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Conservation practices could save farmers millions

Conservation practices could save farmers millions

Iowa Soybean Assn. analysis quantifies financial impacts of farm conservation practices.

Transitioning from conventional tillage to no-till and strip-tillage statewide could save Iowa farmers a whopping $265 million annually in fuel and equipment costs. This finding is one of many included in a comprehensive, year-long analysis measuring the effects of conservation on farm profitability. The study was undertaken by the Iowa Soybean Assn. (ISA) with support from the Walton Family Foundation, Environmental Defense Fund and Iowa-based Regional Strategic Ltd.

Heath Ellison, ISA senior conservation agronomist and a principle collaborator in the study’s implementation, said, “There are no guarantees in farming, and that includes generating a return on the implementation of every on-farm soil and water conservation practice, but much like other units within a business operation, income opportunities increase by paying close attention to details, maintaining timely records and communicating openly and frequently with land owners, employees and family members.”

Twenty Iowa farmers with extensive interest in conservation practices participated in the study. They farmed a combined 29,000 acres and were geographically dispersed throughout the state. Data were compiled from each operator courtesy of a series of interviews and crop budgets focused on the 2018 cropping year -- defined as the period following the 2017 crop harvest through the 2018 crop harvest.

Data collected by farmers and shared via interviews were aggregated and summarized. Researchers observed the crop rotations for each farmer and attempted to parse out the economic and yield impacts of conservation practices. Those of particular interest were no-till and reduced tillage, nutrient management and cover crop usage.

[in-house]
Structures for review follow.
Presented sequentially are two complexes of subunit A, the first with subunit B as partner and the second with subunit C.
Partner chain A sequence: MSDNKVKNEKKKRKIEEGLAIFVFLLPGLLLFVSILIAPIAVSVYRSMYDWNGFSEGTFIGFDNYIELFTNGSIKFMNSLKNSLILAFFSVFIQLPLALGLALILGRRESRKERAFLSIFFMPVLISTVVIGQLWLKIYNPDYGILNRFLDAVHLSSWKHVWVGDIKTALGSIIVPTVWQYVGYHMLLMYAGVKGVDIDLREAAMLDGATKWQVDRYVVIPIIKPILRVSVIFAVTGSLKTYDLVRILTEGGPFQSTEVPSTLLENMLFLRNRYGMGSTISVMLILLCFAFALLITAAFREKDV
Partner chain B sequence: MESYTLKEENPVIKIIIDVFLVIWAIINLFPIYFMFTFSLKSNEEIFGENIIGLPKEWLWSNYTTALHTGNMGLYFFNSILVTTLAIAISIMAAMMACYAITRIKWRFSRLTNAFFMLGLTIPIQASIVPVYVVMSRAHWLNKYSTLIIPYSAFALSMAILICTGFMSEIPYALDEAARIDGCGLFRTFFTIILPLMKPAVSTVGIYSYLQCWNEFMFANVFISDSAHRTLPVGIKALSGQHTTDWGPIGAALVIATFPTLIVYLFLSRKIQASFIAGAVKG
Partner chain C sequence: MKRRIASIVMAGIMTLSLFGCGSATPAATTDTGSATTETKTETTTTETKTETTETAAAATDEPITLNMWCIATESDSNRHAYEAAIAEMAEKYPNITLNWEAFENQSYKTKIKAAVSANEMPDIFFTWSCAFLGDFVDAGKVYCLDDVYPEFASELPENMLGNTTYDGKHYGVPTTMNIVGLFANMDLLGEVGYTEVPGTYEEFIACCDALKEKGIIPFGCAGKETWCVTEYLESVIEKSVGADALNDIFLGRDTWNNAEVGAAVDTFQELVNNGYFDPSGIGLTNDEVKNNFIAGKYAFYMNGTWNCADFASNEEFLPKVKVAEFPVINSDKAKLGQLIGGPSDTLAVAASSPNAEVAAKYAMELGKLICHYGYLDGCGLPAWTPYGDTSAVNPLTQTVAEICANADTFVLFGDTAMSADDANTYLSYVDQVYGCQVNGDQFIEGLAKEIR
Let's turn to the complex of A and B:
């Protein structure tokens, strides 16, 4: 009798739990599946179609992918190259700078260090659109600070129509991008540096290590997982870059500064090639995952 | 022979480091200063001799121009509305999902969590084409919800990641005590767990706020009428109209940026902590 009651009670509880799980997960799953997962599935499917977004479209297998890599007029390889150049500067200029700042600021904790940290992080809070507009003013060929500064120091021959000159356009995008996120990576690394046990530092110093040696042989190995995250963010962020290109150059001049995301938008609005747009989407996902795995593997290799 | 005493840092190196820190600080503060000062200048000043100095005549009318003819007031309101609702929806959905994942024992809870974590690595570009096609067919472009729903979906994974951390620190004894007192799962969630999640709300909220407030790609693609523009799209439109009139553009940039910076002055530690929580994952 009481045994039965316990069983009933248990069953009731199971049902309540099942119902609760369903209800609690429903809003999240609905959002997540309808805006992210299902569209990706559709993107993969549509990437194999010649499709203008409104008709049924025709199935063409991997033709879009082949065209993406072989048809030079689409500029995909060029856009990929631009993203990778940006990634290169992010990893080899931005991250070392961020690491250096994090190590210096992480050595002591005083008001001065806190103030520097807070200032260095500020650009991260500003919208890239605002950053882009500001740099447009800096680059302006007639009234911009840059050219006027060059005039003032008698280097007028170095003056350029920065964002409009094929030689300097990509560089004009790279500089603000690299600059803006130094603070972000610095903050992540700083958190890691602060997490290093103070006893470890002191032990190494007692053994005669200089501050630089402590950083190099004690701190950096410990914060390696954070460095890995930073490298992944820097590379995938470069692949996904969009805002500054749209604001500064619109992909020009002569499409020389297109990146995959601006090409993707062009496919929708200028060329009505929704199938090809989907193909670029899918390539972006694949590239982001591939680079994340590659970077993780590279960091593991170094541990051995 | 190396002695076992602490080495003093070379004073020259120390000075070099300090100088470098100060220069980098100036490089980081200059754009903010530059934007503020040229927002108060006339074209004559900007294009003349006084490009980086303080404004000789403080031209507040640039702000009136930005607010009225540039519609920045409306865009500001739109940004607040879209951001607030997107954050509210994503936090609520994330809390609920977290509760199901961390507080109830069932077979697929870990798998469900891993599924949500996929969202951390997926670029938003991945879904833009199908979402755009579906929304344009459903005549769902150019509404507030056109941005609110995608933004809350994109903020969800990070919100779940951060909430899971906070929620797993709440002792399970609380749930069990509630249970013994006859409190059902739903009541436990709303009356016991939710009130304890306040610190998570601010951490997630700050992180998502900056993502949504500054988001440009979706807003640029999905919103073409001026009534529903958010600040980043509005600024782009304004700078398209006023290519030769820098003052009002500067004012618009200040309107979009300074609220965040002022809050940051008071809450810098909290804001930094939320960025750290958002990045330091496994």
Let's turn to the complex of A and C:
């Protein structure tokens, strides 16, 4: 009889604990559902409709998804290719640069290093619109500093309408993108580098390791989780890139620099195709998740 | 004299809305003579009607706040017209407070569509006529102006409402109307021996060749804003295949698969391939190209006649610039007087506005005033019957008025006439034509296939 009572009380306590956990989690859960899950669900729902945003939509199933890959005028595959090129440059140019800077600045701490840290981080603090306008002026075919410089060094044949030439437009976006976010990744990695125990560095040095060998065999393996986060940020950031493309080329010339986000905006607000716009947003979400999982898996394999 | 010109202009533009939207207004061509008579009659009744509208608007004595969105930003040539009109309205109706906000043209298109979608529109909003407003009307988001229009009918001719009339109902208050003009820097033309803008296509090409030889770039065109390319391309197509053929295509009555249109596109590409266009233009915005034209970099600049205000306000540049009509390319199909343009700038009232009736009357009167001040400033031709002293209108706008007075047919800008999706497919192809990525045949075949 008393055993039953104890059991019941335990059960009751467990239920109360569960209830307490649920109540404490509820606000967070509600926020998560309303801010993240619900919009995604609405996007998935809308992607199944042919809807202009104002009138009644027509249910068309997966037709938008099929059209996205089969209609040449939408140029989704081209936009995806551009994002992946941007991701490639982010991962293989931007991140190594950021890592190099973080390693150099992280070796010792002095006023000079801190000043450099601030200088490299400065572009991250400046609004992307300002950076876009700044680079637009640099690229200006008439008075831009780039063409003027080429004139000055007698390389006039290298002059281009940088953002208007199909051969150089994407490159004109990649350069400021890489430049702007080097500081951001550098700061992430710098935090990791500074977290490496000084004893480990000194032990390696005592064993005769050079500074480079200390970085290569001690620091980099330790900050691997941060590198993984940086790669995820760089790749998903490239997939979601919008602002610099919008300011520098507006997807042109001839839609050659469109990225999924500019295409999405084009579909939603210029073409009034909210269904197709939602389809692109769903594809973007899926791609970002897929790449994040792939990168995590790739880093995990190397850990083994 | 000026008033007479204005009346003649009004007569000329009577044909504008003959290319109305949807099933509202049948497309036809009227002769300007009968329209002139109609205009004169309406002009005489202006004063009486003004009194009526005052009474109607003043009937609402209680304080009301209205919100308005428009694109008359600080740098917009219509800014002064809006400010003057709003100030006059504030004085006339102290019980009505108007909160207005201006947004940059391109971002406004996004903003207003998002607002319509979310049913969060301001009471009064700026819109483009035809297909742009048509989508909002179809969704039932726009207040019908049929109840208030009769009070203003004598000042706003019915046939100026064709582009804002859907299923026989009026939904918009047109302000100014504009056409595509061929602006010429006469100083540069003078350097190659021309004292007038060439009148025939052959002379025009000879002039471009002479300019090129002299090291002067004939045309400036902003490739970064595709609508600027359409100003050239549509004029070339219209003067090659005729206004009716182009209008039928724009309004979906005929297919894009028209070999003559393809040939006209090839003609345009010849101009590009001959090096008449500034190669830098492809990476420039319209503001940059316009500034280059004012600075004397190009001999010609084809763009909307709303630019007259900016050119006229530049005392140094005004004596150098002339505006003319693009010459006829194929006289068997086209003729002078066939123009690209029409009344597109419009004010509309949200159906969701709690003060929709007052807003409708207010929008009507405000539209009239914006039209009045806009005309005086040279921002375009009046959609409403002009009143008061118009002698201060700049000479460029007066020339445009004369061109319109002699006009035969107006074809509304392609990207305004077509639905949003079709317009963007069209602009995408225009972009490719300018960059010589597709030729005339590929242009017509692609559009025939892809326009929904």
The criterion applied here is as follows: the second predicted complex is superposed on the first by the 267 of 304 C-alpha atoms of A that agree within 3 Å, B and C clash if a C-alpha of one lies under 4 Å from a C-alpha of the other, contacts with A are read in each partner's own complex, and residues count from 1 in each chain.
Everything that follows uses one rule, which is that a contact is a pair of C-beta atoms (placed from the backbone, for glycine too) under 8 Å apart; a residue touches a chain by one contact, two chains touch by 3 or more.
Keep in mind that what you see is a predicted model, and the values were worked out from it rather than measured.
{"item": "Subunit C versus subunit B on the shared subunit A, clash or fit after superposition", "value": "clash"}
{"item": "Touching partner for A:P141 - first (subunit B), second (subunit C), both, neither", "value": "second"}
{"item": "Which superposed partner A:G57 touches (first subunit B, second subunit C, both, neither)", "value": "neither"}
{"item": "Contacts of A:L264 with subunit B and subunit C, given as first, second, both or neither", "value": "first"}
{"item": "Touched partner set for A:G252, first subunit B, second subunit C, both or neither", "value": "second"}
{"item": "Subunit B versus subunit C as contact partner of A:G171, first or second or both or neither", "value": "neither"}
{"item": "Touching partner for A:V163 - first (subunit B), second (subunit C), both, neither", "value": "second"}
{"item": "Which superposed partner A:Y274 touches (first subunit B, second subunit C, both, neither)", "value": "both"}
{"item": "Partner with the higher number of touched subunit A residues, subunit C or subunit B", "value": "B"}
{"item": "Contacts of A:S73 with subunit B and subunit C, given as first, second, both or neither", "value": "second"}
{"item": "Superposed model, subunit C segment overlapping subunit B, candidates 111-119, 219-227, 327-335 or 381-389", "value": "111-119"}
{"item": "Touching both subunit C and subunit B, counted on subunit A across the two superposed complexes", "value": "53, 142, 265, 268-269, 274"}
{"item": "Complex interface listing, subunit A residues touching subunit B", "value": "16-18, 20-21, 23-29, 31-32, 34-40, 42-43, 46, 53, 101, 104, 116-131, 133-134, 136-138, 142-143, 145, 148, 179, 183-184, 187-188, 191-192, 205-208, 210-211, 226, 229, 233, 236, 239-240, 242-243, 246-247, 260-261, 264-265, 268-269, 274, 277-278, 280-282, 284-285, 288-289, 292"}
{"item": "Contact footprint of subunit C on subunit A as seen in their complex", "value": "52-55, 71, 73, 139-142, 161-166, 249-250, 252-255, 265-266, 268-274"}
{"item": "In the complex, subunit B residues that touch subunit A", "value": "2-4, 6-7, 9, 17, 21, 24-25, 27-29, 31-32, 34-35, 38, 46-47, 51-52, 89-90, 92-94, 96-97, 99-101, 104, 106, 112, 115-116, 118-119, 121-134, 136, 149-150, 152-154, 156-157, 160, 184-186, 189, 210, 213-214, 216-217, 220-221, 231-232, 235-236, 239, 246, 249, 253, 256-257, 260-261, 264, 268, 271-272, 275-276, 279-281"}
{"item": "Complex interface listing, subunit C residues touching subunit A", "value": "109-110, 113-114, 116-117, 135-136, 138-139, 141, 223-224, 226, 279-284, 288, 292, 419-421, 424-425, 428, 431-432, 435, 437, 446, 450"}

Key findings included:

  • Moving to no-till and strip-till generated savings of $10-88 per acre relative to conventional tillage.
  • Total pesticide (herbicide, insecticide and fungicide) and fertilizer expenditures were consistently lower for acreage following a cover crop relative to acreage where no cover crop had been grown.
  • Study participants harvested cover crops on 560 acres and generated net revenue of more than $78,000 from the seed, feed and straw harvested. Nearly all participants indicated an interest in expanding their cover crop harvest operations.
  • The participant group is applying, on average, 30 lb. of nitrogen per acre above the recommended nitrogen rate provided by the Iowa State University Maximum Return to Nitrogen Calculator (MRTN). In reviewing the data graphs that accompany the MRTN recommendation, it appears that reducing nitrogen application rates by 30 lb. would result in increased returns of approximately $6 per acre.
  • Better records appear to be correlated with more intense participation in conservation practices, but good records do not appear to be a function of operation scale.

Study participant Wayne Fredericks, a soybean and corn farmer from Osage in Mitchell County, Iowa, said the findings are worthy of closer inspection by every operator and land owner.

“Seeing is believing, but firsthand experience remains the most effective route to adoption,” Fredericks said. “There are no shortcuts to making conservation pay, but profit incentives do exist when a hands-on, disciplined and long-term approach is taken.”

Adam Kiel, ISA director of conservation and external programs, hopes the analysis quantifying farm finance and profit incentives for engaging in conservation practices encourages greater implementation by farmers. “We have more to learn, but this is an important step in scaling up adoption,” Kiel said.

A summary report of the conservation profitability analysis can be accessed at www.iasoybeans.com/programs/isa-research/results. ISA will soon release case studies detailing eight key observations and topic areas benefiting farmers and crop advisors. The information will also be shared at ISA-sponsored research meetings and discussions scheduled throughout winter and early spring.

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